Track Those Leftovers With This Little Timer

We’ve all at some point in our lives opened the fridge door and immediately wished we hadn’t. A miasma of stench envelops us as we discover that last Saturday’s leftovers have been forgotten, and have gone off. If only we had some way to keep track of such things, to avoid such a stench-laden moment. Step forward [ThinkLearnDo], with a little timer designed for exactly that purpose.

The operation is simple enough, press the button and place the unit on top of the container with the leftovers in it. If you haven’t eaten the leftovers within a week, the LED will start blinking. The blink is a subtle reminder to deal with the old food before it becomes a problem.

Onboard is a Holtek HT68F001 microcontroller with a coin cell for power, not much else is needed. The Holtek is an unusual choice, one of several brands of super-inexpensive Chinese microcontrollers we see less commonly than ATmegas and STM32s. This is exactly the place where such a minimal computer fits perfectly:  a way to add a little bit of smarts to a very cheap item with minimal strain on the BoM.

If these chips interest you, a while back we covered a run-down of the different families including the Holtek and the famous 3-cent Padauk chips.

27 thoughts on “Track Those Leftovers With This Little Timer

  1. Use an esp8266 and send reminder messages to your cell phone.

    The little Holtek is cool though, but I have over 100 18650 laying around, so I could take a different route.

    1. Here’s a question though – do you need the complexity of a microcontroller to do this? Could it be done with a 555? I know Hackaday love a good 555 project!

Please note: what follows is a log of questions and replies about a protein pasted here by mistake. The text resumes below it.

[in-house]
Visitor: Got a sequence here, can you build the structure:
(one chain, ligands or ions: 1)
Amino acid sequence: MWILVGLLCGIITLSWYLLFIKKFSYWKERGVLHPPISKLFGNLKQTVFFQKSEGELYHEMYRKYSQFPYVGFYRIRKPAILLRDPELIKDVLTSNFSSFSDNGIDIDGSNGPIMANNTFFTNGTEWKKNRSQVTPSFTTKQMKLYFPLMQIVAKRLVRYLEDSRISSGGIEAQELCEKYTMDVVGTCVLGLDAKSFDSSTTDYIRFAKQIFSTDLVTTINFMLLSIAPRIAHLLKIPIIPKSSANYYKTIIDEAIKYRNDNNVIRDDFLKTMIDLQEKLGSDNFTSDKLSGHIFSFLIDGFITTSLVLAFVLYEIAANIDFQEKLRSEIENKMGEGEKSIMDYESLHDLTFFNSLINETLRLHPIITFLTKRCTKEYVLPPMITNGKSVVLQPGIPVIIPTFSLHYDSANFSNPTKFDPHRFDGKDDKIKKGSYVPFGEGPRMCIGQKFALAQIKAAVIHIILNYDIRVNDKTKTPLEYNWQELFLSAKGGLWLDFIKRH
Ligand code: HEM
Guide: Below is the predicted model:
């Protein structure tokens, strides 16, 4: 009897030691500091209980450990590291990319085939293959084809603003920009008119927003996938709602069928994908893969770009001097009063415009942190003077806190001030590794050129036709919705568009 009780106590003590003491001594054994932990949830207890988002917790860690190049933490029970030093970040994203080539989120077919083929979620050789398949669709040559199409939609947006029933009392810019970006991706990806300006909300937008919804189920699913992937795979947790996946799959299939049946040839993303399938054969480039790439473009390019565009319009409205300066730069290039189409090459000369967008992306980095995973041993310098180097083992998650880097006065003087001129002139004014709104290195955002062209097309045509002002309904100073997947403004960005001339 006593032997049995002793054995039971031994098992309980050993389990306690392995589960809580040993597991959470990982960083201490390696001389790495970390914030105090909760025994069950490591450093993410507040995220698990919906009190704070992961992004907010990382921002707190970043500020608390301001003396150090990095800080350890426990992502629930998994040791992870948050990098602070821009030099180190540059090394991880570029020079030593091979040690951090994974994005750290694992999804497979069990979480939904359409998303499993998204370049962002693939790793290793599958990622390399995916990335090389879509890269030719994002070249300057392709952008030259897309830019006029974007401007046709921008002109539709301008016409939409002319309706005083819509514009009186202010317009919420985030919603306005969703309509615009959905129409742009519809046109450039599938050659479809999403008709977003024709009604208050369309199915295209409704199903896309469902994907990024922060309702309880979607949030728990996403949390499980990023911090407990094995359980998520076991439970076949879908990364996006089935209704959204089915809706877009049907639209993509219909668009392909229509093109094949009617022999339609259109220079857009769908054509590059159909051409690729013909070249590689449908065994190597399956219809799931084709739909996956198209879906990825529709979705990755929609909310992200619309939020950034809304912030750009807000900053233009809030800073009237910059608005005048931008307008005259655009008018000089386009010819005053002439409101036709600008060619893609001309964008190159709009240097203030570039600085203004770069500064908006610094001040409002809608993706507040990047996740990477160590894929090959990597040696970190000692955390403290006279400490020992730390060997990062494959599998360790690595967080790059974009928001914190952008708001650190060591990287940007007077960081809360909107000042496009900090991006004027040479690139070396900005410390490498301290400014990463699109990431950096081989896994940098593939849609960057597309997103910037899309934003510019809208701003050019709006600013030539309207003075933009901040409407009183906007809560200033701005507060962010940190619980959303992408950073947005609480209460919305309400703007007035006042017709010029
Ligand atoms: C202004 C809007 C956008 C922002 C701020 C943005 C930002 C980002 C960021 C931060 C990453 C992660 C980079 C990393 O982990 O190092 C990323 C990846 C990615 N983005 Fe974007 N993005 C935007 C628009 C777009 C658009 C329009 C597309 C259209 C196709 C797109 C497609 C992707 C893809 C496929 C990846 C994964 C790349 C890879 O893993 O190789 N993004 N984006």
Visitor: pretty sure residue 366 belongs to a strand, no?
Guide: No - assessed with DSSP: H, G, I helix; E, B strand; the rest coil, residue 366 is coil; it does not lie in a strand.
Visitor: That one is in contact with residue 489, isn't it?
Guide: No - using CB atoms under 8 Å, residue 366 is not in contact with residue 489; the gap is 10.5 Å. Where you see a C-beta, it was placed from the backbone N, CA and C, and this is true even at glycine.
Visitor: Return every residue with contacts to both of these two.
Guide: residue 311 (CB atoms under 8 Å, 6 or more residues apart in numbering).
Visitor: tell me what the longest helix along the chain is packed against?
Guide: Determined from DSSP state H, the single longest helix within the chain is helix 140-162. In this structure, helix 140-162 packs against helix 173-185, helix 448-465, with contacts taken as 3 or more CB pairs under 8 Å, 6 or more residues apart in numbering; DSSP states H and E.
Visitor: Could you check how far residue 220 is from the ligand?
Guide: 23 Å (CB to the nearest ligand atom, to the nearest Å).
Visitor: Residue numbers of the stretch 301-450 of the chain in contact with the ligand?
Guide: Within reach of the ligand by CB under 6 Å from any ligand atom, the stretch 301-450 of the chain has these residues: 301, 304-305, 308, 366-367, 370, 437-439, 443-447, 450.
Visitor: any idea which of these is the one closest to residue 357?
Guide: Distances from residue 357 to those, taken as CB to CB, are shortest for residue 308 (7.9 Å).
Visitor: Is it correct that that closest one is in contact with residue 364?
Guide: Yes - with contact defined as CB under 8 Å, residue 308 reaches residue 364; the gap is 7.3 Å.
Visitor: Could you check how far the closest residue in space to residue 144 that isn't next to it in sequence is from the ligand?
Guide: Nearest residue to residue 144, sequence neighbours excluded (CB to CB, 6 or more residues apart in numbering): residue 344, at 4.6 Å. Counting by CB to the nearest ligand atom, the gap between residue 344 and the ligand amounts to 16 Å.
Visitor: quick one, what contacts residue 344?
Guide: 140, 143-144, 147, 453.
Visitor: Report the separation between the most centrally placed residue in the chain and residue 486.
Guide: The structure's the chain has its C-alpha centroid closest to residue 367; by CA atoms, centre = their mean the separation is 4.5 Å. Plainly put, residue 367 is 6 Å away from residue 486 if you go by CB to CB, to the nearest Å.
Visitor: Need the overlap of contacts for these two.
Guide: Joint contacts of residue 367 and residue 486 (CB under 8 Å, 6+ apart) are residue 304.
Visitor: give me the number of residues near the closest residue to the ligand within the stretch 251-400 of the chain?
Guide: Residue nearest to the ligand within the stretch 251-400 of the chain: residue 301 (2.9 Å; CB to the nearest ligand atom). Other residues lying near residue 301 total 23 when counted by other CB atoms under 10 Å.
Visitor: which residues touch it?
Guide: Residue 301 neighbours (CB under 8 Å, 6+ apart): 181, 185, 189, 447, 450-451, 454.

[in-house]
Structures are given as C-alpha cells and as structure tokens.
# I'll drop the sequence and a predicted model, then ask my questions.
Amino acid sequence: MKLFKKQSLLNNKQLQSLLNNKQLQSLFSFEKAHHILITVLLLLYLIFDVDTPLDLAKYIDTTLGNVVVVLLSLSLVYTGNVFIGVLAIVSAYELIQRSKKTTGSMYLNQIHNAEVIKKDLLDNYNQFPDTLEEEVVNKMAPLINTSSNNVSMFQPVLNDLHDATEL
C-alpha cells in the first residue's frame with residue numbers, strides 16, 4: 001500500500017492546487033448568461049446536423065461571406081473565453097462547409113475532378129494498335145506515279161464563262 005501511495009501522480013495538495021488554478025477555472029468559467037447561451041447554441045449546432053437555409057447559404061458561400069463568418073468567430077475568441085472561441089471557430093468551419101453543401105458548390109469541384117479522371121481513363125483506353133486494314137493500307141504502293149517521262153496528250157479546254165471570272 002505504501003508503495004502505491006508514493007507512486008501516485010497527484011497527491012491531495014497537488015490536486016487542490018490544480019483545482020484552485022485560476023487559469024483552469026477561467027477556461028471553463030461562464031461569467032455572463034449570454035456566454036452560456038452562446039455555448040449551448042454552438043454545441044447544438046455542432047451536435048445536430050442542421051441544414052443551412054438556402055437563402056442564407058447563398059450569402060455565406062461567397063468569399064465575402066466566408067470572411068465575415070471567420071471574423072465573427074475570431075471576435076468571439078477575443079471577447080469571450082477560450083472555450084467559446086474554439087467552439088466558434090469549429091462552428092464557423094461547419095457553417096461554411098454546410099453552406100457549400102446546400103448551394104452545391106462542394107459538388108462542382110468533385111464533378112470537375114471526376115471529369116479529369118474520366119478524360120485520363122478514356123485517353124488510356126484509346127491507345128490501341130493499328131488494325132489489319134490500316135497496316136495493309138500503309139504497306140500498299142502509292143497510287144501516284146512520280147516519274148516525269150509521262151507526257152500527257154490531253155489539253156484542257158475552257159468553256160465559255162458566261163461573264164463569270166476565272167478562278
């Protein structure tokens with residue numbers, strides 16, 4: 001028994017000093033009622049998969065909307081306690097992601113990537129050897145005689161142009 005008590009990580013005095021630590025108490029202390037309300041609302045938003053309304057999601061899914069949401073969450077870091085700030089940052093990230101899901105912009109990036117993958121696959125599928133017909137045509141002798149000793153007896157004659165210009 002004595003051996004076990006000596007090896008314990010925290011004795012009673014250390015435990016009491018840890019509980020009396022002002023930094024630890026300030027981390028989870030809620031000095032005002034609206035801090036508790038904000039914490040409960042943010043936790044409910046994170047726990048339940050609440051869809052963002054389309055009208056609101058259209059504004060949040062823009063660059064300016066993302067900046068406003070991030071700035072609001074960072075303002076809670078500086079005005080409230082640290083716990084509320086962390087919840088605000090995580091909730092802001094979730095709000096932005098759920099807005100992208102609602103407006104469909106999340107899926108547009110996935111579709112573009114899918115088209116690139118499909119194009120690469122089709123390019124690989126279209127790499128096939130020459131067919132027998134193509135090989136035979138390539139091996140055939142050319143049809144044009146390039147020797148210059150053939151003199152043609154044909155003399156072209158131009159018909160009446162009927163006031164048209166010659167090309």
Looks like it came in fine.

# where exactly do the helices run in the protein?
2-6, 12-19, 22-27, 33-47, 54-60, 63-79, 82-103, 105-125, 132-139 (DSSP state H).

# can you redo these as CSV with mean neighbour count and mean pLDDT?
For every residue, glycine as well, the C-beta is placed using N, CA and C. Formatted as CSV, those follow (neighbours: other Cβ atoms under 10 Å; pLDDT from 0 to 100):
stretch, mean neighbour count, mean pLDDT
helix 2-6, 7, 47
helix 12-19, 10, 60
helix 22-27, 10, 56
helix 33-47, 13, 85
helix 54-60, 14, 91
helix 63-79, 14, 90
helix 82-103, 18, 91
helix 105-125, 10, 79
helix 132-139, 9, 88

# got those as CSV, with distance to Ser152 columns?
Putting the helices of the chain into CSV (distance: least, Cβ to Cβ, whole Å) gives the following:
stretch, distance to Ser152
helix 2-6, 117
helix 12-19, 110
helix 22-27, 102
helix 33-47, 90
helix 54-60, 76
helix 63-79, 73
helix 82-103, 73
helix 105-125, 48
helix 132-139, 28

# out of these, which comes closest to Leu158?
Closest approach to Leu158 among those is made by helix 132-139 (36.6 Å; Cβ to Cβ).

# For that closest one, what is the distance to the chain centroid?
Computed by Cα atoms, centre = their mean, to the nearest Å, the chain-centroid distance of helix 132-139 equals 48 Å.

1. Actually a 555 isn’t so good for long times. Exar had a device, I think the XR2240, that was an IC timer followed by a long divider. So you didn’t need large values for the timing components.

        I doubt it’s still available, but a 555and cmos cku ter would do it.

      1. It’s not so bad as you would think, mu 433MHz temp/humidity sensor doesn’t have any problems getting the signal through to the RFXcom receiver. I use it for alerting when the door isn’t properly closed and the temperature gets to high.

  2. I thought about building something like this many times. How to proof it against the temperature and moisture in the fridge? How many would I need? I’d need it programmable for different numbers of days…

    …and then I went back to using a dry-wipe marker.

    The reason boxes sometimes don’t get dates on them isn’t a lack of blinkenlights, it’s laziness.

    1. Very good points for reverting to marker with different days. As far as temp/moisture, I think the Fridge condenser pulls moisture out of the air inside to generate the cool air, but you could always throw the apparatus in a ziplock. The temp I would assume wouldn’t break anything but it might affect battery life. With a super cheap chip it is worth the experiment though.

    2. Spray the pcb with conformal coating and it will survive the refrigeration environment no problem. Coincell batteries don’t enjoy being refrigerated but they do last if you keep the load low enough.

      Source: I design refrigeration sensors (including Coincell based ones).

      1. “Spray the pcb with conformal coating and it will survive the refrigeration environment no problem.”

        Spray the food with PCBs, and it will survive long after mankind vanishes!

    1. Masking tape and a sharpie? I have reusable coloured discs representing each day. When the day comes around again, the food is too old.

      Congrats on generating more waste.

  3. My nose is very well suited for detecting fridge food thats beyond eatable, but i can see the usecases in other scenario’s, for instance a reminder for medication you have to take every 24 hour.

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